literature it is claimed that members of this zeolite family show excellent performance in isomerization dewaxing. In the present study, different members of this family, viz. ZSM-48, ZBM-30, EU-11 and EU-2 were synthesized using different structure directing agents. In spite of similar DRX patterns, and framework composition, catalytic performances in bifunctional catalysis can be very different. EU-11 and EU-2 are rather inactive catalysts. ZSM-48 and ZBM-30 catalysts are very selective towards n-octadecane hydroiso- merization. Specifically ZBM-30 synthesized with triethyl- enetetramine exhibits the highest isomerization selectivity. This result hints at differences among the different samples of the crystal termination, of the crystal morphology and the aluminium location, characteristics that matter to pore mouth catalysis. More work will be needed to clarify this. This work illustrates the extreme sensitivity of this kind of catalysis to minor variations in zeolite properties.

CONCLUSION

Long chain paraffins produced by the Fischer-Tropsch process can be upgraded either to high quality middle distil- lates or to high quality lubricant base oil using bifunctional catalysis. The first option involves a hydrocracking step whereas the second option involves a selective hydroisomer- ization step. For both steps, bifunctional catalysts containing a hydrogenation/dehydrogenation function and an acidic function (Brönsted acidity) are needed. For the selective hydroisomerization as well as for the hydrocracking, the bifunctional catalyst needs to be ideal, meaning that the reactions taking place on the acid function should be the rate

20

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0

2M

3M

3M

4M

4M
4M

5M

6M

7M

7M

8M

9M

3ethyl

 
 
 
 
 
 

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75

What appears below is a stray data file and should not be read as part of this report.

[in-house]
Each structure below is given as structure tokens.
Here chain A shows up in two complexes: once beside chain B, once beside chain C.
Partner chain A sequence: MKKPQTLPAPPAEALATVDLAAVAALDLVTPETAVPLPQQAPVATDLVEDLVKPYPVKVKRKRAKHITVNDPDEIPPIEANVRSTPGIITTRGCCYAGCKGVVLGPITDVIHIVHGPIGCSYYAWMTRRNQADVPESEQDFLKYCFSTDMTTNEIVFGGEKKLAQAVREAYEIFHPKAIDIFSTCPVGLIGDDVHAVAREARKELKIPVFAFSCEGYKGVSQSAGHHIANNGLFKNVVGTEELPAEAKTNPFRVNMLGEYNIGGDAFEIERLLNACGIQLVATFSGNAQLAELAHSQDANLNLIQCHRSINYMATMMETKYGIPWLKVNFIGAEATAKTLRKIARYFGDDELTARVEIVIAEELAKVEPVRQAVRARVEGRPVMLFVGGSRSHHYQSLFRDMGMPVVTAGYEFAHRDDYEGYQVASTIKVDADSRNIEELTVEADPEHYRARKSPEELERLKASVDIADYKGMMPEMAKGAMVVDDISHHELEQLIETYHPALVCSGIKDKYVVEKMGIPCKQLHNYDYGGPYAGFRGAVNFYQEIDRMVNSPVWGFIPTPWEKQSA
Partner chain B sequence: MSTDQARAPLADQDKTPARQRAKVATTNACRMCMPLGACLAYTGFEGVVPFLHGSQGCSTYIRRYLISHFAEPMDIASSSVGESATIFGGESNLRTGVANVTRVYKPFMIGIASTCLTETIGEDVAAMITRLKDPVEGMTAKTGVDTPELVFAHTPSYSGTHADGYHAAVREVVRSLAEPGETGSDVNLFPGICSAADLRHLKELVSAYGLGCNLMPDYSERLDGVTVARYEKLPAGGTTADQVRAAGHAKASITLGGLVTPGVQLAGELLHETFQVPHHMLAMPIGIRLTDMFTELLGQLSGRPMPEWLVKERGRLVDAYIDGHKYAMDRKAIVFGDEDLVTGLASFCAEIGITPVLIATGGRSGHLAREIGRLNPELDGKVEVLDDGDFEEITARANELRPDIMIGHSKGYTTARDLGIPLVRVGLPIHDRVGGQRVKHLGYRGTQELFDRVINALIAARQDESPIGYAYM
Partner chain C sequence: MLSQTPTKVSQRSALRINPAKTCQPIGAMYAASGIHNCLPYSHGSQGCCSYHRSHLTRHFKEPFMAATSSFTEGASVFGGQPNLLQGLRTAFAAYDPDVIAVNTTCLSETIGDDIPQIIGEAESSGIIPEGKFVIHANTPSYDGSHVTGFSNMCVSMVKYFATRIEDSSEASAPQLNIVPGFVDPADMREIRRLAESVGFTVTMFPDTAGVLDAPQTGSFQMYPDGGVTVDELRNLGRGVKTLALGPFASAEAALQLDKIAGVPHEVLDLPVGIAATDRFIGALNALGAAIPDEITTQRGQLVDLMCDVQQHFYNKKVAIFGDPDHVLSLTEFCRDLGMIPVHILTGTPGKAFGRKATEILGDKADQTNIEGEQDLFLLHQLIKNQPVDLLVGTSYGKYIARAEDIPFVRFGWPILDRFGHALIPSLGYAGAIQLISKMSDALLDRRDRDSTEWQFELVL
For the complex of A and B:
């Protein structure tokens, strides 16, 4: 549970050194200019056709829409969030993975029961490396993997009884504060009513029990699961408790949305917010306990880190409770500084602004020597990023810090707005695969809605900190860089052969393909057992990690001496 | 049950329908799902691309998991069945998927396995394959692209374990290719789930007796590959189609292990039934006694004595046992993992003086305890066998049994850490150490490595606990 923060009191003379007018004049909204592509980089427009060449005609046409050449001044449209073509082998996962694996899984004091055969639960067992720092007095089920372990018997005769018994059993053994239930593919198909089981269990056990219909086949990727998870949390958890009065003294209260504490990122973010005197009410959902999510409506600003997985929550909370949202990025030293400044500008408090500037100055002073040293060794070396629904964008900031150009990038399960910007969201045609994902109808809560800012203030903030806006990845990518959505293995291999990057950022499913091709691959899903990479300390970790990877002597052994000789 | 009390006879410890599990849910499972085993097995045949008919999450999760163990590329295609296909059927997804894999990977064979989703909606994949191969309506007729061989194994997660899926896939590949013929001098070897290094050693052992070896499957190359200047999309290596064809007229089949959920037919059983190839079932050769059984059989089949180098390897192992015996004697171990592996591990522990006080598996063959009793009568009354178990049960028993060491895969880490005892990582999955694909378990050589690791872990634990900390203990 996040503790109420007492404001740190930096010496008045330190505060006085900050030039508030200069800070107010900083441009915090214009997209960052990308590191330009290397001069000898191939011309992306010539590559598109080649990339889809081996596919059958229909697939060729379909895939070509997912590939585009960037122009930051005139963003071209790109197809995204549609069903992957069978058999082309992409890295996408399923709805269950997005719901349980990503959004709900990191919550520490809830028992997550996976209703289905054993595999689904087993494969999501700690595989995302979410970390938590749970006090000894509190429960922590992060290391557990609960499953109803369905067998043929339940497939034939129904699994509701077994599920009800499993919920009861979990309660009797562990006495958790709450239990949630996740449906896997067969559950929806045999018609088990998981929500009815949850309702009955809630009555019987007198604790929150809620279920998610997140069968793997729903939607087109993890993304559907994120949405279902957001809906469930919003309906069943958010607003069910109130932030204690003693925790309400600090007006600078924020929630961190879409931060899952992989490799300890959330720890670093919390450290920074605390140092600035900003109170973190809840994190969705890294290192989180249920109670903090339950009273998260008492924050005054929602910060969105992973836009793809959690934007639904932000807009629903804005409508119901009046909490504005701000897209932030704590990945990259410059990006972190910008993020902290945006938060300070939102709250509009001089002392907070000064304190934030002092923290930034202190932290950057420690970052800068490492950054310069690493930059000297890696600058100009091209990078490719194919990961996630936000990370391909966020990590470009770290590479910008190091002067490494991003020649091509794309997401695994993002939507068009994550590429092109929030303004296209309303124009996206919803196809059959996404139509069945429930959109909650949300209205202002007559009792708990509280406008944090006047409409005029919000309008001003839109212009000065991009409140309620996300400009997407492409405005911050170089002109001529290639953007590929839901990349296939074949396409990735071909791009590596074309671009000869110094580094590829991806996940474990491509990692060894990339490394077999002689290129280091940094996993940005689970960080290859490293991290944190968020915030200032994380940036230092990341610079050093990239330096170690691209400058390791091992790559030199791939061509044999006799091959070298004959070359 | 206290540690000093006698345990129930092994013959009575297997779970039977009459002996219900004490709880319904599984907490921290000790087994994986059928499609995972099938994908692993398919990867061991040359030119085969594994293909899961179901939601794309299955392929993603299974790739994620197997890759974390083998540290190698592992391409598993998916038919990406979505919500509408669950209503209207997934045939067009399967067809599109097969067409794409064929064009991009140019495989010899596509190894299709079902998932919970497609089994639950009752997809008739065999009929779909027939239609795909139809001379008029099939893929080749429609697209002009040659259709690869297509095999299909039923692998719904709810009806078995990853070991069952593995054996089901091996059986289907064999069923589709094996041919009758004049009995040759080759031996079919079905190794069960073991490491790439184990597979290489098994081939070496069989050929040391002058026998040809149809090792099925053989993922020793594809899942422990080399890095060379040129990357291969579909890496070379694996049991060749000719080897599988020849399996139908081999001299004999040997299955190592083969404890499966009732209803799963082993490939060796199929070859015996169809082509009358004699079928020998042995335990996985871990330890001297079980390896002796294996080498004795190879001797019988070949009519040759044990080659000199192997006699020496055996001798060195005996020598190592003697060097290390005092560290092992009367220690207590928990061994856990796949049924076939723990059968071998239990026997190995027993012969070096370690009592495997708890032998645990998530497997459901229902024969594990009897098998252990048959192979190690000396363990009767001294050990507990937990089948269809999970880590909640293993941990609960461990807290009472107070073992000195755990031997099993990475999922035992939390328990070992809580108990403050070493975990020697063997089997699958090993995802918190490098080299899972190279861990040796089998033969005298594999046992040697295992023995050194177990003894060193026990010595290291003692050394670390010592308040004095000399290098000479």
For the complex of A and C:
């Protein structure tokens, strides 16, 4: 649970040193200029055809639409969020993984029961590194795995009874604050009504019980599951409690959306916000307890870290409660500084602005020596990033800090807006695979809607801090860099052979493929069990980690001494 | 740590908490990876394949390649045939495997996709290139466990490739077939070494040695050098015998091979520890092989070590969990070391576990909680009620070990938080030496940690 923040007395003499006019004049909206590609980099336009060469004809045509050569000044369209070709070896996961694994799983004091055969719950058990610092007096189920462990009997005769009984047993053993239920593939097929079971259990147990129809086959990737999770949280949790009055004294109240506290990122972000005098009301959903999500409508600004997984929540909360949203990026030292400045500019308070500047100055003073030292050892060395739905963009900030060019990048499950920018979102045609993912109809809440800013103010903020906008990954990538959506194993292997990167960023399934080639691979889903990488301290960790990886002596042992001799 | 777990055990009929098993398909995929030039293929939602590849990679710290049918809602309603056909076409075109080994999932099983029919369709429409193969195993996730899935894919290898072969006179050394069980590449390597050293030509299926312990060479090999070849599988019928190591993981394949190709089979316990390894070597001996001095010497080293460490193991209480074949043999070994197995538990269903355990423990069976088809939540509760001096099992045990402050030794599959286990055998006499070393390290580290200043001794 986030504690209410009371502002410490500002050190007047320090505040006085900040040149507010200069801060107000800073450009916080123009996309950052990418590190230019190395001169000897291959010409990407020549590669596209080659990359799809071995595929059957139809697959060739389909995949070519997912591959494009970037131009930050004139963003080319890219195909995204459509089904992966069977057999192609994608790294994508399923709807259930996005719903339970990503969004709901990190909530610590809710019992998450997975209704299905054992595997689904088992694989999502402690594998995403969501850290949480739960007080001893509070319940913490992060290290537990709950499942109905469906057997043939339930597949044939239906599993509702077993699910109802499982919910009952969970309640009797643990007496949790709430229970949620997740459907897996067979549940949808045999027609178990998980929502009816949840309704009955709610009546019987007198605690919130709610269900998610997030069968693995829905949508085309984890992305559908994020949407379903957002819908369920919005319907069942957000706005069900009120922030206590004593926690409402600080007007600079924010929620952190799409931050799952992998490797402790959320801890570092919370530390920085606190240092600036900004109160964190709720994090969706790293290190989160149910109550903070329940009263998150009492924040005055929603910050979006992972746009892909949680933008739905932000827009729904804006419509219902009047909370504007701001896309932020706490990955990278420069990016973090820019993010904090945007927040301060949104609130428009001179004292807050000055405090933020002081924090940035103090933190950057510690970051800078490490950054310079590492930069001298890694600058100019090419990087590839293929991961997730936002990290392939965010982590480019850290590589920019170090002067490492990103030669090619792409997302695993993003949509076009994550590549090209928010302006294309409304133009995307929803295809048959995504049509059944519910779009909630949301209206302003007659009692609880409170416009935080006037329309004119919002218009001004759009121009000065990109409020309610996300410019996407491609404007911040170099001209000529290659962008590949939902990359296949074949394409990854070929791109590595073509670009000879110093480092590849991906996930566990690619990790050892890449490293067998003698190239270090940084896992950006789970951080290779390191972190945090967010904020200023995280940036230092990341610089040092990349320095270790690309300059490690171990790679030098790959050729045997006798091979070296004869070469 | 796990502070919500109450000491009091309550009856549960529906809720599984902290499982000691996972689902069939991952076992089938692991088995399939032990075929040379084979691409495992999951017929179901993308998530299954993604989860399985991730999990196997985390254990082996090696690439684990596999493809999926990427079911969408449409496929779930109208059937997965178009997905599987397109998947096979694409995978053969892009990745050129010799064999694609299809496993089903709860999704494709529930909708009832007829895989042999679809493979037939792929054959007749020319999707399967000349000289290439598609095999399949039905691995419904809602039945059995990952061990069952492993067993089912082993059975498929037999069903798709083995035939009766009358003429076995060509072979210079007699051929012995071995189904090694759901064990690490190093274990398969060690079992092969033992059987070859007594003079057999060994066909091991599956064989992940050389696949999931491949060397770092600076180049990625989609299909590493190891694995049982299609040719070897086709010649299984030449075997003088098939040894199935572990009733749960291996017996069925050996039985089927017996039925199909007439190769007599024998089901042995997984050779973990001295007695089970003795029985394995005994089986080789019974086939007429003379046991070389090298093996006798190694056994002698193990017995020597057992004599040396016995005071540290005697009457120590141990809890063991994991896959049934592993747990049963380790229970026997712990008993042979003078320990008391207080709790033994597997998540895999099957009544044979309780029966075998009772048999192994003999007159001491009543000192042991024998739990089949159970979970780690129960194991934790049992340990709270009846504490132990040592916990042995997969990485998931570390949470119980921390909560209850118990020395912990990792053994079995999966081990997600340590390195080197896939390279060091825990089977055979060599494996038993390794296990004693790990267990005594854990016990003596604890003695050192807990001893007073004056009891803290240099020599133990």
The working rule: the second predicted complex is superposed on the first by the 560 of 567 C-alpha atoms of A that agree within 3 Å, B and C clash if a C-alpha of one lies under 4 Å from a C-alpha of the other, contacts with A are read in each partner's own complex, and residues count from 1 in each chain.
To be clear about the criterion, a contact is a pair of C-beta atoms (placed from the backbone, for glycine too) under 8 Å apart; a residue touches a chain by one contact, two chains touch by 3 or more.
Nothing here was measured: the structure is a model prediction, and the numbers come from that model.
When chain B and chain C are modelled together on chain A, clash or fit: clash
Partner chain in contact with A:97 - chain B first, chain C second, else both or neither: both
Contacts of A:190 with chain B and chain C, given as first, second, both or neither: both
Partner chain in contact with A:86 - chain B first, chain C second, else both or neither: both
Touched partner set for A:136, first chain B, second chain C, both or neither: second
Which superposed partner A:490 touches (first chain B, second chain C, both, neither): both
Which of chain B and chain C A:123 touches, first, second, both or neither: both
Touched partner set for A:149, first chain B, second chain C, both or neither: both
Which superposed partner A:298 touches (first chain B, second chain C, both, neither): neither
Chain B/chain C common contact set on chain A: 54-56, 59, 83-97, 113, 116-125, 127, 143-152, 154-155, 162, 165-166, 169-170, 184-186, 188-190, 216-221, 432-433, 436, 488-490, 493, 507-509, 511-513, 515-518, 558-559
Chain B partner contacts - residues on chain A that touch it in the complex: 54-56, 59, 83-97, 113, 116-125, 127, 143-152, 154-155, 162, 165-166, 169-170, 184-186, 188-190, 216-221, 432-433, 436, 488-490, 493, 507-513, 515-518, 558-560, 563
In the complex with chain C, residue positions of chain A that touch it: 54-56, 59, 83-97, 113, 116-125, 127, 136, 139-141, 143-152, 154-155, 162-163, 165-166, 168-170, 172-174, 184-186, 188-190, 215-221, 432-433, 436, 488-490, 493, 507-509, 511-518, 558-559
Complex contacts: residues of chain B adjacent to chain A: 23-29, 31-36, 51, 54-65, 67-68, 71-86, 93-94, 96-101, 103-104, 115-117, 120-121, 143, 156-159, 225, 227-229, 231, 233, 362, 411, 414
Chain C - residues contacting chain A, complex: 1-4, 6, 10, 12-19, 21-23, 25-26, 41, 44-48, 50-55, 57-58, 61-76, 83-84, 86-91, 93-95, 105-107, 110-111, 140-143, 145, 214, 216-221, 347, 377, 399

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a)

20 2M 18 3M 16 4M 5M 14 6M 7M 12 8M 9M 10 3ethyl
20
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5M
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6M
7M
12
8M
9M
10
3ethyl
8
6
4
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0
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b)
Distribution (%)

Figure 17

Distribution of octadecane monobranched isomers obtained over a) ZSM-48 (ethylenediamine) and with b) ZBM-30 (triethylenetetramine) catalysts.

C Bouchy et al. / Fischer-Tropsch Waxes Upgrading via Hydrocracking and Selective Hydroisomerization

109

limiting steps of the reaction scheme, therefore the use of strong hydrogenation/dehydrogenation functions is recom- mended. On the contrary, the optimal acidic function required for each kind of catalyst has to fulfill different requirements. In the hydrocracking catalyst, the acidic phase should favour cracking towards isomerized middle distillates. Multibranching of the olefinic intermediates should be favoured in order to reach an optimal β-scission configura- tion (A or B type) and a quasi statistic cleavage of the car- bon-carbon bonds. In order to reduce overcracking, any dif- fusional limitation or confinement effect or strong Brönsted acidity resulting in a too strong adsorption of the intermedi- ates should be avoided. The use of mesoporous solids with mild Brönsted acidity may be most appropriate. The presence of oxygenates in the Fischer-Tropsch effluent can signifi- cantly alter the catalytic properties of bifunctional catalysts, by changing the balance between the acidic and the hydro- genation/dehydrogenation function. One can take advantage of this property of Fischer-Tropsch feedstocks to tune the balance between the functions. In the selective hydroisomerization catalyst, the acidic phase should favour the isomerization of the long chain n- paraffins and minimize cracking reactions. Monodimensional 10 ring zeolites are found to be very selective towards hydroisomerization. This peculiar behaviour is attributed to the occurrence of pore mouth and key lock catalysis which favor the formation of monobranched and specific dibranched isomers. Comparative studies of zeolites in litera- ture and the present comparison of ZSM-48, ZBM-30, EU-2 and EU-11 samples confirm that the pore mouth topology is a crucial parameter with respect to the skeletal isomerization selectivity of the zeolite.

ACKNOWLEDGEMENTS

JAM acknowledges the Flemish government for supporting a concerted action on heterogeneous catalysis (GOA).

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Final manuscript received in August 2008 Published online in March 2009